As individuals on the "‘front lines" of the financial aid process, financial aid administrators offer an important perspective on the credit crunch's daily effects on student loan availability. As such, the results of a recent survey that the National Association of Student Financial Aid Administrators conducted of its members provide some interesting ground-level impressions of the credit crunch. Unfortunately, this viewpoint is almost entirely clouded by the 30,000-foot spin the organization's leadership has put on it. Needless to say, the association's close ties to the student loan industry remain firmly evident.
On its face, the survey suggests that immediate federal loan availability concerns have been largely satisfied, though worries remain about discriminatory lender practices (i.e. banks refusing to lend to students at community colleges and for-profit trade schools) and the long-term fiscal health of the student-loan market. The vast majority of respondents, for example, said actions that Congress and the Bush administration have taken in recent months have "eased the student loan crunch problem" for now. And only a relatively small proportion of aid administrators (about 25 percent of those surveyed) are worried enough that they have put contingency plans in place to prevent any disruptions in loan availability for their students.
We have long been concerned about the close ties between the student loan industry and the National Association of Student Financial Aid Administrators (NASFAA), an organization that lobbies on behalf of college aid officials. These ties have been so strong in recent years that the group's policy positions on student loans have more often than not mirrored those of the Consumer Bankers Association and Sallie Mae.
NASFAA's leaders deny that lenders have influence over the organization's policy positions. In arguing this point, they often note -- as the group's former president Dallas Martin did in an interview with The Wall Street Journal last year -- that the association prohibits loan industry officials from serving on its national board or voting "on policy and membership issues."
What they fail to mention, however, is that these rules do not apply to the organization's state affiliates and regional associations. In fact, by most accounts, these groups depend heavily on student loan providers for both leadership and financing.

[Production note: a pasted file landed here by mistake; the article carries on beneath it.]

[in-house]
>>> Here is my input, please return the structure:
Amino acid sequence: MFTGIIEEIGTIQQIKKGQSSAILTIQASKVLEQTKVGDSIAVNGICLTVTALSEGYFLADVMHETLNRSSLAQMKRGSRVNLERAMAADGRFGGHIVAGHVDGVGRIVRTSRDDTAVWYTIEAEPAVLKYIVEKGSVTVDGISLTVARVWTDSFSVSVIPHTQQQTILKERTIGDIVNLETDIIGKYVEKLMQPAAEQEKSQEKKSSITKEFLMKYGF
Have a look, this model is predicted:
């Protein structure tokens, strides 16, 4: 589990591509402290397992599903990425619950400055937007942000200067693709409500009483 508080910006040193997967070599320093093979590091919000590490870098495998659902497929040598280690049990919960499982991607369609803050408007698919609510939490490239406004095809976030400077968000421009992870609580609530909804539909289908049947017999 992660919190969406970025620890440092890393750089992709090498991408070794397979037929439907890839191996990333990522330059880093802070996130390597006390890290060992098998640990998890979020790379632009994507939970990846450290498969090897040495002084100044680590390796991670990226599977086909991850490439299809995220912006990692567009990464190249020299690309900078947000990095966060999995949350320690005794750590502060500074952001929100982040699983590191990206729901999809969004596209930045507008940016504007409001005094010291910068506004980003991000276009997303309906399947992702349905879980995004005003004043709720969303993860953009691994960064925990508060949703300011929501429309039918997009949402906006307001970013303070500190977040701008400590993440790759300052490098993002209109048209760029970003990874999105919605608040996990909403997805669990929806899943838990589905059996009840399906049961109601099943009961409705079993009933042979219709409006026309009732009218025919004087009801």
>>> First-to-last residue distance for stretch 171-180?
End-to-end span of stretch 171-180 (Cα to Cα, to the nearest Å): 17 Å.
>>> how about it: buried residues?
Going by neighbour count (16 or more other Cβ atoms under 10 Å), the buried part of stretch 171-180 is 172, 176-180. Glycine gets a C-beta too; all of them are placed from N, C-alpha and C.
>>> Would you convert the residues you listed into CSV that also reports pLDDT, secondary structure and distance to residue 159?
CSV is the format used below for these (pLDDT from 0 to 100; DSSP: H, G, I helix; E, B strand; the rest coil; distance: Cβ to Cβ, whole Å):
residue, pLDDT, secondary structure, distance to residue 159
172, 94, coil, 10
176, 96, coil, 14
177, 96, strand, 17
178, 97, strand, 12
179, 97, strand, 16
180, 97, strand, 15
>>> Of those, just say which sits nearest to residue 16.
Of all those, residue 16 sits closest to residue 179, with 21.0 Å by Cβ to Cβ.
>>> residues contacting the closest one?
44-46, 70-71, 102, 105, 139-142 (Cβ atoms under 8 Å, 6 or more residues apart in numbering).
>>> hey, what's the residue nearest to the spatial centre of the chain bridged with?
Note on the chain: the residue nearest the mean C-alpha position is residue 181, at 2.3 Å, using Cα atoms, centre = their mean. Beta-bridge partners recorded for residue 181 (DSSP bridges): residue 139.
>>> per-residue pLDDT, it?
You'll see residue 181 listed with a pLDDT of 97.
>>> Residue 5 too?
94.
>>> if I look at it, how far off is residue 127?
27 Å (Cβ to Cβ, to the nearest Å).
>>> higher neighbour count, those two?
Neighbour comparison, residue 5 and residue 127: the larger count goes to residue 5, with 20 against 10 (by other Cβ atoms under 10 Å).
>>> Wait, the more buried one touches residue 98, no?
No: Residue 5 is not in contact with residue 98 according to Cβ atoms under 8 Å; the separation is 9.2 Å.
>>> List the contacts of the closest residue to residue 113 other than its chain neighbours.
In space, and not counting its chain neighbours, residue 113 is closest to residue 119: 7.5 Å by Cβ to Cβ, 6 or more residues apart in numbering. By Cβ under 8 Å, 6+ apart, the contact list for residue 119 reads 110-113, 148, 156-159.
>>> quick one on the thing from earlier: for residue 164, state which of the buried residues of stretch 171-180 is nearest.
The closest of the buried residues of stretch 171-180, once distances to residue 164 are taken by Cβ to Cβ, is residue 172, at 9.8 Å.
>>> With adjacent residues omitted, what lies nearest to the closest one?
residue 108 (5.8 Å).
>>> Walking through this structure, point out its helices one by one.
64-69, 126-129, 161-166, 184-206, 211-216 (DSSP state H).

Shortly after being named the new president of the National Association of Student Financial Aid Administrators, Philip Day said in an interview that he was not interested in becoming a student aid expert.
"One of the questions I got in my interview is, "how long do you think it will take you to get up to level of technical speed?'" Day told The Chronicle of Higher Education. "I said, 'I hope never.' Because I think that's not what this institution needs now. What they need is somebody who can advocate and focus on issues at the 10-to 15,000-foot level."
Judging from a more recent interview that Day gave Higher Education Washington Inc., a publication owned and run by a top student loan industry lobbyist, NASFAA's new chief seems to be succeeding. As we noted yesterday, the interview shows that Day is not only ill-informed, but also, in spite of last year's revelations in the student loan "pay for play" scandal, NASFAA has not changed its stripes. The views that Day expresses on federal student loans in general, and the Direct Student Loan Program in particular, are confused and misleading, and reflect a strong bias in favor of the Federal Family Education Loan (FFEL) program.
Up until now, we've been willing to give Philip Day the benefit of the doubt.
In March, Day, the former chancellor at the City College of San Francisco, became the president of the National Association of Student Financial Aid Administrators (NASFAA), a group with such strong ties to the student loan industry that in recent years its policy positions have closely mirrored those of the Consumer Bankers Association and Sallie Mae.
At Higher Ed Watch, we have been critical of NASFAA in the past. We were hopeful, however, that the organization's first presidential change in its 32 year history -- coming on the heels of reforms imposed on NASFAA by New York State Attorney General Andrew Cuomo that cut into the financial support the group receives from loan providers -- would set the association on a new track.
We were especially encouraged by statements Day made shortly after accepting the job. In January, he told The Chronicle of Higher Education that NASFAA needed to "reassess" its relationship with lenders. "It's something I don't feel 100 percent comfortable with," he stated. Amen to that.